One of Namita Roy’s biggest regrets is not being able to complete her graduation. She was 13 when her father passed away and the circumstances compelled her to quit her education and get married at the age of 17. After almost six decades, the 71-year-old grandmother has started feeling like a child once again. When her grandson’s school shifted to virtual classes in the lockdown, Namita suddenly found a way to realise her long pending dream. As Rishi (name changed) attends online classes, she supervises him as a guardian, trying to learn maths, history and geography lessons. “I’m struggling a bit because of my weak English, but Rishi helps me a lot. He is even teaching me how to use a smartphone and computer!” she exclaimed. In exchange, Namita takes Rishi on a trip to the magical lands – where Bangoma and Bangomi have all the answers and a smart Tuntuni (tailorbird) teaches a lesson to the king – through her excellent storytelling skills.
While the lockdown has brought reasons to complain for many, it is also helping to rekindle the age-old bond between grandparents and grandchildren, which was on the decline in the fast-paced world brought to a sudden halt by
Grandparents revisit childhood
Most schools ask for parental supervision during online classes. With many working parents staying away since Unlock 1.0, grandparents have taken over the job. Gouri Chakraborty, a retired school teacher, has become the new best friend of Aditri Chakraborty, a Class I student, both of whose parents are working. Gouri not just accompanies Aditri during her online classes but also thoroughly enjoys the virtual classroom. “After my retirement in 2013, I never expected to experience the classroom atmosphere again. But my granddaughter has made it possible,” said Gouri.
After completing her schooling, Pronomi Halder, 75, enrolled on a graduation course from Vivekananda College for Women, but she could not continue till the end. “Now, when I accompany my granddaughter Anandi for her online classes, I realise that education has become much simpler. We used to learn the same things in complicated ways. Modern teaching techniques have made things much easier. It feels great to be a part of the classroom once again,” she smiled.
Double bonanza for kids
The process is a double bonanza for the children who are not just getting the invaluable company of their grandparents, but also learning about age-old traditions, games and fables, which in turn is helping them gain a new perspective. Aditri, who till March didn’t know what Kumir Danga was, now spends her evenings playing the traditional game of Bengal with Gouri. They use the doormats as danga (land) and the floor as water. Not just Kumir Danga, Aditri has started enjoying many other traditional Bengali games. Besides, she also learnt about Pagla Dashu and Tagore’s Birpurush from her beloved grandmother in the lockdown months.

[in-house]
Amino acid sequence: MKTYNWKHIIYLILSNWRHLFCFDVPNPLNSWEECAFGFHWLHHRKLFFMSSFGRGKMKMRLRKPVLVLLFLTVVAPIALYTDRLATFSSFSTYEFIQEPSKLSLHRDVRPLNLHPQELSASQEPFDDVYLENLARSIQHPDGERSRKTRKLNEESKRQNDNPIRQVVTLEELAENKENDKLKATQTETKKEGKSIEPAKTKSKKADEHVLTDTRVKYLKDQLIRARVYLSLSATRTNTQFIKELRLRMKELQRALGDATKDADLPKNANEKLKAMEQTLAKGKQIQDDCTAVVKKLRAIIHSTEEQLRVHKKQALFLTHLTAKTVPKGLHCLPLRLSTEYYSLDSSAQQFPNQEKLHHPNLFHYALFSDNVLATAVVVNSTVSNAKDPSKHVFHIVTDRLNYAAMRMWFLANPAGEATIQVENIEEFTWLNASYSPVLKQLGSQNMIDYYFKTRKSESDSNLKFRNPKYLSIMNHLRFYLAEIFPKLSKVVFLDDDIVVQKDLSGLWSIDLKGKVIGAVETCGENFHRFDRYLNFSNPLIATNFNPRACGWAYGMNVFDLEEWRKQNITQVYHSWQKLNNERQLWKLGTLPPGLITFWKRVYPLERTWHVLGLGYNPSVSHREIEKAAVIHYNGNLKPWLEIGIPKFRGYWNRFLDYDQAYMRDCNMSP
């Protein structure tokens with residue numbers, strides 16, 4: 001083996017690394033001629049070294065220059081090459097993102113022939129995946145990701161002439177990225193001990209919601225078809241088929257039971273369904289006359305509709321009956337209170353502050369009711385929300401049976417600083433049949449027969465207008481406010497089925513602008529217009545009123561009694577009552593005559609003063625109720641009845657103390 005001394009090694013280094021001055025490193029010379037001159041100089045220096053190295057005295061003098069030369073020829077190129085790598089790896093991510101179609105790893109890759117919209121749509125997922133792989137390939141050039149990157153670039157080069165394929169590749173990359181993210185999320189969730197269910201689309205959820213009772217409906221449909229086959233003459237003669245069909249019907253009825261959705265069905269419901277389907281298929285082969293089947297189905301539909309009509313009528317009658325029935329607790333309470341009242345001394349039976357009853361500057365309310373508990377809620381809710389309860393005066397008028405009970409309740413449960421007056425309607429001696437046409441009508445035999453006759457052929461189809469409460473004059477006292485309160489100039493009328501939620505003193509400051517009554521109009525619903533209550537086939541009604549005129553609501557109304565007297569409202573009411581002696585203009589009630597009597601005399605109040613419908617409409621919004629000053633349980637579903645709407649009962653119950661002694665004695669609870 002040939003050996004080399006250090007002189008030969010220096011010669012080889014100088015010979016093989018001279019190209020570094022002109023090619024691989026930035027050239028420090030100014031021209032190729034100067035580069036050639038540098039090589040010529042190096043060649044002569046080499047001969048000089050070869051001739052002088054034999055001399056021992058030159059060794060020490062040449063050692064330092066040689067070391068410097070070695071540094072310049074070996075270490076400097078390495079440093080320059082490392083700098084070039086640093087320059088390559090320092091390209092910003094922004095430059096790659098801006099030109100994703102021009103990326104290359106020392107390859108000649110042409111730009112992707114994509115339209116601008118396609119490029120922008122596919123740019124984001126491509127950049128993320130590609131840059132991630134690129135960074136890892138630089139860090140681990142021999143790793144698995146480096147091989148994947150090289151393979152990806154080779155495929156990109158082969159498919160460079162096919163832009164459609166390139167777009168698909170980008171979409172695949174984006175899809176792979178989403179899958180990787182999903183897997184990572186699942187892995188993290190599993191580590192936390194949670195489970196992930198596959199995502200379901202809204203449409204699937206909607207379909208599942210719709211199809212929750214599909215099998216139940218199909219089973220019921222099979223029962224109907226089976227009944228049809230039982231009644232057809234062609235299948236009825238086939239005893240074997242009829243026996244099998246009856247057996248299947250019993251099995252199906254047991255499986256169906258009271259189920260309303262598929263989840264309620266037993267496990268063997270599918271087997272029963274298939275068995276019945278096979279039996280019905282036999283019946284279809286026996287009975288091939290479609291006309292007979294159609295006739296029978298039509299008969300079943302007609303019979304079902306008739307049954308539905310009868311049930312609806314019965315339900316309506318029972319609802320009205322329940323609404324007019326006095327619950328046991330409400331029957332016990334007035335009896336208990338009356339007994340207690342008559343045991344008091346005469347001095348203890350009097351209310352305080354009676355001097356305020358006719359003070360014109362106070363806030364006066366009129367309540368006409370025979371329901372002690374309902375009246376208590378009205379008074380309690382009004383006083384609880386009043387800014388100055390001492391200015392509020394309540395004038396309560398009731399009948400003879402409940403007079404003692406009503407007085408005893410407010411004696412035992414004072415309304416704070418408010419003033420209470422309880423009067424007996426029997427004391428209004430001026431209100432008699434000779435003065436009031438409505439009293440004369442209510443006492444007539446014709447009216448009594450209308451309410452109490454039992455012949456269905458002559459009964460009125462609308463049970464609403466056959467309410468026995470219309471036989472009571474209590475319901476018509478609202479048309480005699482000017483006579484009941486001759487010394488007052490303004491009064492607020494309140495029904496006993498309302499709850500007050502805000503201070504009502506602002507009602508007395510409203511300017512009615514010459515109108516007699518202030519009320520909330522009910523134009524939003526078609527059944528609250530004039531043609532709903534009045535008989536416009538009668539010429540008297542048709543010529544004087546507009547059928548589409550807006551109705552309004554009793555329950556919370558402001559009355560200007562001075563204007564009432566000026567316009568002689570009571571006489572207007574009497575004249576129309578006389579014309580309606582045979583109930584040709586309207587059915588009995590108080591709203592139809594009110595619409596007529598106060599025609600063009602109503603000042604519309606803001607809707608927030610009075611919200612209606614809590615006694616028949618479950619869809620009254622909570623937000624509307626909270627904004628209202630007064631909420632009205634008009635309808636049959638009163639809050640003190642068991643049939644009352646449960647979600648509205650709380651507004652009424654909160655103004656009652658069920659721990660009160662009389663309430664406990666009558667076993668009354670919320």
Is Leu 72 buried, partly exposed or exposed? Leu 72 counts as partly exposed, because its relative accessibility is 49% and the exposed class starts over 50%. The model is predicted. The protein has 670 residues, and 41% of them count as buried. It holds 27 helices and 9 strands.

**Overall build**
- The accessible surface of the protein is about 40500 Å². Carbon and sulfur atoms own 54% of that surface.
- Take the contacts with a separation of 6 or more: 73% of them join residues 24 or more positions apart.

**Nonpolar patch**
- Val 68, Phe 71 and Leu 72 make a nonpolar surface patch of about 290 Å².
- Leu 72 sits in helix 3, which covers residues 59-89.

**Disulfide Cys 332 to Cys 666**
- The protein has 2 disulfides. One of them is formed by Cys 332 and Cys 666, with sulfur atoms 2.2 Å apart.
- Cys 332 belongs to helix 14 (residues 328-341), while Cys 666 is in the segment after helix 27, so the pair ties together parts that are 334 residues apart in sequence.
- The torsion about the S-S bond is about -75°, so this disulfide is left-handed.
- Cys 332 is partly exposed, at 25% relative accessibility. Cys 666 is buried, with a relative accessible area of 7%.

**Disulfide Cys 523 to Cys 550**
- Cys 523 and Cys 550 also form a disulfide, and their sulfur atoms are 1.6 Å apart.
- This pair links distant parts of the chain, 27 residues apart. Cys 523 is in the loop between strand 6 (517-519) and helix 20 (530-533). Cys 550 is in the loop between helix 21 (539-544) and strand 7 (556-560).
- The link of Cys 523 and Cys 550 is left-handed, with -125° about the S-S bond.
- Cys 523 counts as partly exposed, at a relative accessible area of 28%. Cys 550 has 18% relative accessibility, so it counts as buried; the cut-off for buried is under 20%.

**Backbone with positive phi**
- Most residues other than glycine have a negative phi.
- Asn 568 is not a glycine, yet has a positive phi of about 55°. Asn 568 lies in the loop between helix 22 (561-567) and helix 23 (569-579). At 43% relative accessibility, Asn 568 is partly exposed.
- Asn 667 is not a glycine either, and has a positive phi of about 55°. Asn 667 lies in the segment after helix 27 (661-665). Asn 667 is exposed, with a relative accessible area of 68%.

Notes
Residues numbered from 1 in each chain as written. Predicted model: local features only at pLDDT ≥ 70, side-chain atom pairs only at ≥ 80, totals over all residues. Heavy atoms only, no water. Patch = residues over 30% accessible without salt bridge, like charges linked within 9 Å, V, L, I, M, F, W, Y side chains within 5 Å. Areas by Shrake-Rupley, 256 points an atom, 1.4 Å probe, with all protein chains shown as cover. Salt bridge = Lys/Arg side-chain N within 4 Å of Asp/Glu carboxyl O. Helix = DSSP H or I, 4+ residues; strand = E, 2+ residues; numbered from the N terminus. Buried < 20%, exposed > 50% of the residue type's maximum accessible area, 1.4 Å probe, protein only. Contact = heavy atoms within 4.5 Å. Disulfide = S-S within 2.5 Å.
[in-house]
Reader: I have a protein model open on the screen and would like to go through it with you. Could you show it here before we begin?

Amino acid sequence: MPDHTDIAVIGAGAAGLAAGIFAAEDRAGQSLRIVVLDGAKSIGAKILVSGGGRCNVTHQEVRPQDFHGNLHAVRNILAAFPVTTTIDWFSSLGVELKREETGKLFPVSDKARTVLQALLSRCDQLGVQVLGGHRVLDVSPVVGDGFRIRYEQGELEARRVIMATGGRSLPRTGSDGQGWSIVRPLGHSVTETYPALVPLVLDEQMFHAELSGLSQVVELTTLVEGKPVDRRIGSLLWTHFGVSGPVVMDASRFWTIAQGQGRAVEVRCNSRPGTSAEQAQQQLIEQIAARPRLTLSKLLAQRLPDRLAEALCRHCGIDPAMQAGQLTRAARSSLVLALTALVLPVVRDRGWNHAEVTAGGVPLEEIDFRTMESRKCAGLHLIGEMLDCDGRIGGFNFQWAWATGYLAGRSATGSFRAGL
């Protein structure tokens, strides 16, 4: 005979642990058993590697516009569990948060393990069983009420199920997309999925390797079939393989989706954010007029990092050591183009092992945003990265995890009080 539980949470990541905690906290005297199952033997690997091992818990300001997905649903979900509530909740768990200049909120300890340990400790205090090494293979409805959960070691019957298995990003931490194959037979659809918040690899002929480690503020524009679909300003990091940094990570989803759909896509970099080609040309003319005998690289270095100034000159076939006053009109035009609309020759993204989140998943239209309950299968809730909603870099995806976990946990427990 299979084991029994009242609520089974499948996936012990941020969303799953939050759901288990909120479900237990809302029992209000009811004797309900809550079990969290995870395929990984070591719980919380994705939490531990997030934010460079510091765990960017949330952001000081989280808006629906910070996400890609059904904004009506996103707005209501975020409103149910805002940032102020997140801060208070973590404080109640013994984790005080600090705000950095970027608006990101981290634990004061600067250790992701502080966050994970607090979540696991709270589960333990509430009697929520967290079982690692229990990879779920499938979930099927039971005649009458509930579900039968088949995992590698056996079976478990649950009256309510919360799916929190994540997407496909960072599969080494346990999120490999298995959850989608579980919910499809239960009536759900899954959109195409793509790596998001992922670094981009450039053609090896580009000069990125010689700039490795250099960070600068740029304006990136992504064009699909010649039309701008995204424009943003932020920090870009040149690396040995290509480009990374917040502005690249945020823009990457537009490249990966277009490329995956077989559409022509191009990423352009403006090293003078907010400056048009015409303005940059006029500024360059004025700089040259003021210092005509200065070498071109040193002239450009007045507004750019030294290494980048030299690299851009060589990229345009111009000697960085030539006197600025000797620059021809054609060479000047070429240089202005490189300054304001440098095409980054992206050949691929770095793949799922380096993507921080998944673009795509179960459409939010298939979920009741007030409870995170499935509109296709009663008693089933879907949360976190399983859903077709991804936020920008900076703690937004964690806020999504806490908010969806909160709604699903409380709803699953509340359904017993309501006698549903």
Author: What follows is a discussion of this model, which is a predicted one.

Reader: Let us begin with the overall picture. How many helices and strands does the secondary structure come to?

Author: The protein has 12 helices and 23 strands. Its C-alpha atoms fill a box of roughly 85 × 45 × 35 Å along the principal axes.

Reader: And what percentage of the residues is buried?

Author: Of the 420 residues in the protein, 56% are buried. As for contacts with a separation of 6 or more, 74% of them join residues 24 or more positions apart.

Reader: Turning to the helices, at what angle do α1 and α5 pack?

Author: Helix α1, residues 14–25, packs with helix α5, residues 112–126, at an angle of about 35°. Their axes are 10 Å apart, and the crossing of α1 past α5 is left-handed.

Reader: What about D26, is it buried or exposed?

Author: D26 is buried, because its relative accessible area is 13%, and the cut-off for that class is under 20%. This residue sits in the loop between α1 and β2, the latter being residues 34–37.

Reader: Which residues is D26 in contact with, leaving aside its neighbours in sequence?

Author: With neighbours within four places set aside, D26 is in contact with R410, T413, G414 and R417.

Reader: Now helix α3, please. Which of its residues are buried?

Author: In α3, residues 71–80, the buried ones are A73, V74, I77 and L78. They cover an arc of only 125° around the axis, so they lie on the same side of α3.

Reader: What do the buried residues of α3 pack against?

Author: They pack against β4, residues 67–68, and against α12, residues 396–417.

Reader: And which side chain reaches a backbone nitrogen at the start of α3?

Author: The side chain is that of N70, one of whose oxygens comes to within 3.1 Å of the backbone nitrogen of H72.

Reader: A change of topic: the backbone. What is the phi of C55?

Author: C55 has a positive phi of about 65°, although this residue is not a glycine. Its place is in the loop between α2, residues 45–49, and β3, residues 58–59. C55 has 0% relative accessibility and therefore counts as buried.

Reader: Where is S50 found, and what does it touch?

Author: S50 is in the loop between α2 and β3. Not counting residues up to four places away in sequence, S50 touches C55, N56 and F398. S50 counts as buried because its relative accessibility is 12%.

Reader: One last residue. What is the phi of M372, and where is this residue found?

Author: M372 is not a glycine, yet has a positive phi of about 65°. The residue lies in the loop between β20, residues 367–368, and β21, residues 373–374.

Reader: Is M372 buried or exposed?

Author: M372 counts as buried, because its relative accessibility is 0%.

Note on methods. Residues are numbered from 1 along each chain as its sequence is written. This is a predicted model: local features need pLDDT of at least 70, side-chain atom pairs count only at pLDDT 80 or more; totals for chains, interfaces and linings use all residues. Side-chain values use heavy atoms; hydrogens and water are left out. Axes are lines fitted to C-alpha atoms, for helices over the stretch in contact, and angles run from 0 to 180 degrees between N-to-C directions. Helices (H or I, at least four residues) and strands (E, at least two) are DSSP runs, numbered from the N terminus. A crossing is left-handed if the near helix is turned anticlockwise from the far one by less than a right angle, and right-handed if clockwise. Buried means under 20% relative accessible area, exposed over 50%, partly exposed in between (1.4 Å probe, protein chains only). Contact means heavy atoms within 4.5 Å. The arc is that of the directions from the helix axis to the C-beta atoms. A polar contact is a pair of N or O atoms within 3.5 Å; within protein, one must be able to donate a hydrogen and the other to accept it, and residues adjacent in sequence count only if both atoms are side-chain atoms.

Similarly, Prithyraj Dey Sarkar, a Class IV student of a south Kolkata school, recently learnt about the 108 names of Lord Krishna and Jatayu, the brave bird, thanks to his grandfather, Hiranmoy Sarkar. “Dadabhai tells me stories from the Mahabharata and tales of Aesop. But more than those I love listening to stories from his childhood. I still can’t believe he could climb a coconut tree!” said Prithyraj.
Anandi too enjoys stories about her grandmother’s childhood, especially what all Pronomi’s grandfather had to go through while establishing Behala Girls’ High School.
Tech lessons for the elderly
This traffic of knowledge, however, is not one-way. While the children are learning about old traditions, the grandparents are becoming more tech savvy. Hiranmoy, who always chose to stay away from smartphones and computers because he found it utterly confusing, bought a smartphone in the lockdown and can now write and send emails too. Meanwhile, Aditri is making sure her grandmother learns how to click and share photos on WhatsApp. “Though I’ve always stayed away from anything related to technology, I had to learn a few things about the latest technology to supervise Aditri. Now she is adamant that I learn it properly,” said Gouri.
‘Grandparents spend quality time with kids’
Grandparents work as an emotional support system for the child, which is very important for the child’s development. Besides, grandparents are probably the only members of the family who can spend quality time with children. While the child plays the leader and controls the content of the time, both of them enjoy the time equally. During quality time, the caregiver will not push the child to learn something. We often see that most parents fail to do this because of their anxieties. They inadvertently try to teach something to the child and that makes the quality time boring. But grandparents can do this easily and that’s why their company is so important and often craved by the children.
The company of the grandparents is excellent until they become the reason for conflict in parenting. Say, if the mother is scolding the child for doing something wrong and the grandmother suddenly intervenes and tries to stop the mother. This creates confusion for the child. If this can be avoided, then there is nothing like the company of grandparents.
— Dr Anirban Ray, practising psychologist
Source: Times of India